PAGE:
The mechanisms responsible for nonlinear impairments in single-channel phase modulated system employing differential detection are investigated. The role of dispersion precompensation is discussed. It is shown that precompensation may be designed as to minimize the in-phase components of the fluctuations thus reducing nonlinear impairments. In differential-phase-shift-keying the effect of precompensation is stronger than in differential-quadrature-phase-shift-keying. The results of an analytic theory are compared with split-step based computer simulations using realistic system parameters.
© 2011 OSA
In the pioneering era of optical communication it was unconceivable that optical transmission will ever go beyond simple intensity modulation. At the dawn of the new millennium, rapid progresses in the field of integrated optics made systems based on differential phase modulation more and more practical, and over performing their intensity modulated counterparts . On one side, the signal to noise ratio of a differential-binary-phase-shift-keying (DBPSK) system is potentially 3 dB larger than an intensity modulated system with the same average power . On the other, differential quadrature phase shift keying (DQPSK) has a larger spectral efficiency than conventional on-off keying intensity modulation because two bits per symbol are transmitted. The effect of the nonlinear impairments on these schemes is still an open issue over many aspects. The purpose of this paper is to discuss the role of phase and amplitude nonlinear perturbations in DBPSK and DQPSK transmission schemes, and show that an optimized dispersion precompensation may significantly improve the transmission performance. We will first discuss the physical mechanisms behind nonlinear fluctuations, and give suggestions for their mitigations. We will then compare the results of a recently developed theory  with the outcome of computer simulations of both DBPSK and DQPSK systems. We will neglect polarization effects all throughout this paper.
Let us assume that a sequence of Gaussian pulses of equal amplitude A and pulse-width τ, equally spaced by the symbol time Ts, is injected in a fiber with dispersion β″ and nonlinear coefficient γ. Let the input field be u0(0, t) = Σkakv0(t – Tk) with v0(t) = A exp[−t2/(2τ2)], where ak = exp(−iφk) are unit amplitude complex parameters specifying the message, and Tk = kTs are the center timing of the pulses. The pulse-width τ is related to the 3dB pulse-width by . Let us assume first that dispersion compensation is applied only at the input and output of the system, leaving the analysis of the more general case of lumped inline dispersion compensations to a discussion at the end of this section. The fiber input, where precompensation is applied, is at z = 0, and the fiber output, where dispersion postcompensation is applied is at z = L. We assume that the sum of pre and postcompensation is the total dispersion of the line. It was shown in ref.  using a first order perturbation theory, that is retaining in the analysis the only terms that depend linearly on γ, that the nonlinear perturbation ΔI of the photocurrent I originating from the overlapping of the pulse centered at T0 = 0 with the pulse centered at T1 = Ts in the delay interferometer is, after differential detection, . Here, e is the electron charge, η is the detector efficiency, h̄ω0 is the photon energy at the signal center frequency. A system employing DBPSK uses for detection a single delay interferometer with φd = 0, whereas a system employing DQPSK uses two delay interferometers with unbalancing φd = ±π/4. The complex quantities ΔI1 and ΔI0 are defined as and , where, assuming A as real and normalized such that A2 is the peak power of the signal,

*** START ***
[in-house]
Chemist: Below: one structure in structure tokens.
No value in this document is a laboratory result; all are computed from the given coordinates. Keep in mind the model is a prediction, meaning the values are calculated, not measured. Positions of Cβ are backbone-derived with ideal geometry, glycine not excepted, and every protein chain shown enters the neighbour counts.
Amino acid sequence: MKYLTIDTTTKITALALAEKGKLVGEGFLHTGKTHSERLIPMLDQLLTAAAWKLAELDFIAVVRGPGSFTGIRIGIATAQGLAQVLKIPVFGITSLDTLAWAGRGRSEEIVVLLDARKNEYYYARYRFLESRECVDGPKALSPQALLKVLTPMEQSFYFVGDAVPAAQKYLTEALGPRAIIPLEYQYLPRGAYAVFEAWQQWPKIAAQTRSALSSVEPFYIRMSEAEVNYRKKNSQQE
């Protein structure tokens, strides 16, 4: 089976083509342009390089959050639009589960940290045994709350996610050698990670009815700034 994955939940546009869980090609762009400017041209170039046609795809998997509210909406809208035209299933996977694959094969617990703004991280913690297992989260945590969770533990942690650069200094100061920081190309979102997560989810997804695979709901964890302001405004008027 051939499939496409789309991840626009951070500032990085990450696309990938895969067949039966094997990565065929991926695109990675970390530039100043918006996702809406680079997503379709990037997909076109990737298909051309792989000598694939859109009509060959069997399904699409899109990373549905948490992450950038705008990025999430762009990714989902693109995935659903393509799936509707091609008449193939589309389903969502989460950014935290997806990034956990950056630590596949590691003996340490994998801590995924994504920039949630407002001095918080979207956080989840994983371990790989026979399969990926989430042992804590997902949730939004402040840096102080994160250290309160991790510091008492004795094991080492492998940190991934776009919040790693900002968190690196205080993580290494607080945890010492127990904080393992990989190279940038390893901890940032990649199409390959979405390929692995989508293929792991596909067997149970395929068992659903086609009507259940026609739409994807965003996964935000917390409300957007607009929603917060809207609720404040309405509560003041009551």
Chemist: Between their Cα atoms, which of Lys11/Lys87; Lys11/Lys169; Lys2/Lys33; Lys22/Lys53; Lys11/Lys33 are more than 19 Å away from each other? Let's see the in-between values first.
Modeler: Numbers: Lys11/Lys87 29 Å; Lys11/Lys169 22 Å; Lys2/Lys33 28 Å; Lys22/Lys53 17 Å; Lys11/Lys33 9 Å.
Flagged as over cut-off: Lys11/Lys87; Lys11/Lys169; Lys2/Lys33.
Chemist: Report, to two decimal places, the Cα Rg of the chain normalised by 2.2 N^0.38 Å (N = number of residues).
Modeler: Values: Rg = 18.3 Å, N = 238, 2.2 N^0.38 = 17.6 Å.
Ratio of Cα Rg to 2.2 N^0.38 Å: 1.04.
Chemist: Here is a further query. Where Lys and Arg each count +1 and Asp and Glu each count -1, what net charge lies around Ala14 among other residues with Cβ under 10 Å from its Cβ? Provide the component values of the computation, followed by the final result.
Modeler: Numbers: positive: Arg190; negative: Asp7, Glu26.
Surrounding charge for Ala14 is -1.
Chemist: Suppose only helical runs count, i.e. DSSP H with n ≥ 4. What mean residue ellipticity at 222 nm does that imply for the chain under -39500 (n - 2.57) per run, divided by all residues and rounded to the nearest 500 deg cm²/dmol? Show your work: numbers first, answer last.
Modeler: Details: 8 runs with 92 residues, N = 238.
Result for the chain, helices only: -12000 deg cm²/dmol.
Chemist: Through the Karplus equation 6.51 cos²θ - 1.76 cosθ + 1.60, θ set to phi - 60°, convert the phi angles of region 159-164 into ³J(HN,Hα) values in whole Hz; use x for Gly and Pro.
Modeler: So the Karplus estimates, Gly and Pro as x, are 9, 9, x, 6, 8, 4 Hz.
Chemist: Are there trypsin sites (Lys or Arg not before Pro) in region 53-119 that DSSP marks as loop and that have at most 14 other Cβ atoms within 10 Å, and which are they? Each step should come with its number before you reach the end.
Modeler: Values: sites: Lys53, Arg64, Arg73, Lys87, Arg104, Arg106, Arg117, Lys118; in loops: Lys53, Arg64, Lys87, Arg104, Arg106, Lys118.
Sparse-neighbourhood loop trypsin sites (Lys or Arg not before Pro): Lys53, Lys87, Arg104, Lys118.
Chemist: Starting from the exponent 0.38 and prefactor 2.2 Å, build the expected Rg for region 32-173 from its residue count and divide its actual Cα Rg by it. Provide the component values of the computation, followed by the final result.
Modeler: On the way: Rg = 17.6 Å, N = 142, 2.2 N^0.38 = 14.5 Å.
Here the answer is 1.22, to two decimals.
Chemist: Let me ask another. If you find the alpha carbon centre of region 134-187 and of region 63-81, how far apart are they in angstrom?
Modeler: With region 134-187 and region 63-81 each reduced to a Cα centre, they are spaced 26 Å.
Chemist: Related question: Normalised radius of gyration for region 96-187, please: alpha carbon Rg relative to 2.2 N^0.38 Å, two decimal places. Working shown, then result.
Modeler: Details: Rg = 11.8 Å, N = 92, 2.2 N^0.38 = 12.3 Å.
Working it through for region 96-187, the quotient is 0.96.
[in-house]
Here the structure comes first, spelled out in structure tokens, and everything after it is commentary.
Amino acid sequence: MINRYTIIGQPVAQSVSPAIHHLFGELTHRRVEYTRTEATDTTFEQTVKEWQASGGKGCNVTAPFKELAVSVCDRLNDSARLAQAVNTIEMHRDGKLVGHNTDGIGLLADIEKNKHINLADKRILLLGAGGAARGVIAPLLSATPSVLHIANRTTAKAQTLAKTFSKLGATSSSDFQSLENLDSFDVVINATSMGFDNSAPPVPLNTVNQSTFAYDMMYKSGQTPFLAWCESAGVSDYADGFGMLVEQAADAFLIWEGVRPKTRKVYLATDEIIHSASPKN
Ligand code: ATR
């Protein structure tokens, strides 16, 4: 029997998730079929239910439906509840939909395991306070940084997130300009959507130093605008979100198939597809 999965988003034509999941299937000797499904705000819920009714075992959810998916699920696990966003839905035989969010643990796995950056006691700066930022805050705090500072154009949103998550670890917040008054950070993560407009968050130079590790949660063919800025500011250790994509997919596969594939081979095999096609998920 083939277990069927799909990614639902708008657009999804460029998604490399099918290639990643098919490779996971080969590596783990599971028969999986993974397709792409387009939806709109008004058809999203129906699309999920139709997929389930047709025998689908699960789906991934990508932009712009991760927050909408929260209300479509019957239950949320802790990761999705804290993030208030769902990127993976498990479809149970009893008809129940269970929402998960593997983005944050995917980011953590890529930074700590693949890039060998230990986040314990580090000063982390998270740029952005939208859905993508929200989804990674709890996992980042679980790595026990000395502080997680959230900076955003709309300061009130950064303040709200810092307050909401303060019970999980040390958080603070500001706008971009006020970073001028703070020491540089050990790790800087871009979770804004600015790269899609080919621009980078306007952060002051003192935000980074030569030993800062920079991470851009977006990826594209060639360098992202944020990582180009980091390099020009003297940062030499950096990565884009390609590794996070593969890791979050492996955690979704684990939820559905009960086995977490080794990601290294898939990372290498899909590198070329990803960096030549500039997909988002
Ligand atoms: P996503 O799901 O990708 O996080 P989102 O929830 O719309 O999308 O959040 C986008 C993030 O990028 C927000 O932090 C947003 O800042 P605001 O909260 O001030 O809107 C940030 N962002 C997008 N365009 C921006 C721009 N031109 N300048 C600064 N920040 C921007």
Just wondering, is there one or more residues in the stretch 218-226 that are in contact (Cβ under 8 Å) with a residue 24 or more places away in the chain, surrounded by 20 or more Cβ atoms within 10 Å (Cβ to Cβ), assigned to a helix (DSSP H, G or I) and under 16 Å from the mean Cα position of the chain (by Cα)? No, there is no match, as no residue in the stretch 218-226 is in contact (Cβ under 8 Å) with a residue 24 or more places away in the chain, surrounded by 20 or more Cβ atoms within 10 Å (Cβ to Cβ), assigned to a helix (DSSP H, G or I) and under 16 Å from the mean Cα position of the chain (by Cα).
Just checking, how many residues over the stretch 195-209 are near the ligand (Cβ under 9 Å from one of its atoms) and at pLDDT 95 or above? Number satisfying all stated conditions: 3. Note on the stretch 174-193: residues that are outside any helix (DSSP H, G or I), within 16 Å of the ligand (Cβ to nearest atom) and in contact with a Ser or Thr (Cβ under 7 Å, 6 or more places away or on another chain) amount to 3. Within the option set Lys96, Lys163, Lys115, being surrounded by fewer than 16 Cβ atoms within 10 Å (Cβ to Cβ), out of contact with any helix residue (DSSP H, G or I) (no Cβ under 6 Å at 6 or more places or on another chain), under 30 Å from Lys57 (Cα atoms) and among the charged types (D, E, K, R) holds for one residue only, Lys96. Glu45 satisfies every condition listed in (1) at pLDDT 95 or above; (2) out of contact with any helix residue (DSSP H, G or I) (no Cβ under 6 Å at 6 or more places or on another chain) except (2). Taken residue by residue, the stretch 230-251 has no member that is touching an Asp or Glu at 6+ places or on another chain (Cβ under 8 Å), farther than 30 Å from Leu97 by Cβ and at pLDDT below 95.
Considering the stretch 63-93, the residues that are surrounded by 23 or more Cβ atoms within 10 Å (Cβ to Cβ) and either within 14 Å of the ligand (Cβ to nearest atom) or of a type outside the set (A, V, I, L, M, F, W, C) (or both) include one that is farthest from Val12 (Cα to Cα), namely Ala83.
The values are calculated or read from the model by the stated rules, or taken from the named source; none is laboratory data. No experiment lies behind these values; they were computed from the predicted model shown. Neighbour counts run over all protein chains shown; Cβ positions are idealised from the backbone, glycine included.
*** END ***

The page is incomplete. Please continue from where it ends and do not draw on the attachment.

By a different and more transparent rearrangement of the terms of ref.  we obtain a simpler expression for the variance of the nonlinear fluctuationsEq. (3), the first term accounts for the contributions of the intra-channel four-wave mixing (FWM), and the second for the correlation of the FWM fluctuations . For DBPSK we have
Let us define the Q factor at the receiver as . The average signal at detection is 〈I〉 = eη/(h̄ω0)Re[exp(−iφd)E0], where is the pulse energy and Pav the average launched power. Using φd = 0 for DBPSK and φd = ±π/4 for DQPSK, we obtain for DBPSK, and for DQPSK. Putting all these results together, we obtain for the Q factor at the receiver the expressions for DBPSK, and , for DQPSK, where the variance of the nonlinear fluctuations is given by Eq. (3). For a given pulse-width, we have 〈I〉 ∝ Pav and , so that the nonlinear contribution to the Q factor is inversely proportional to Pav.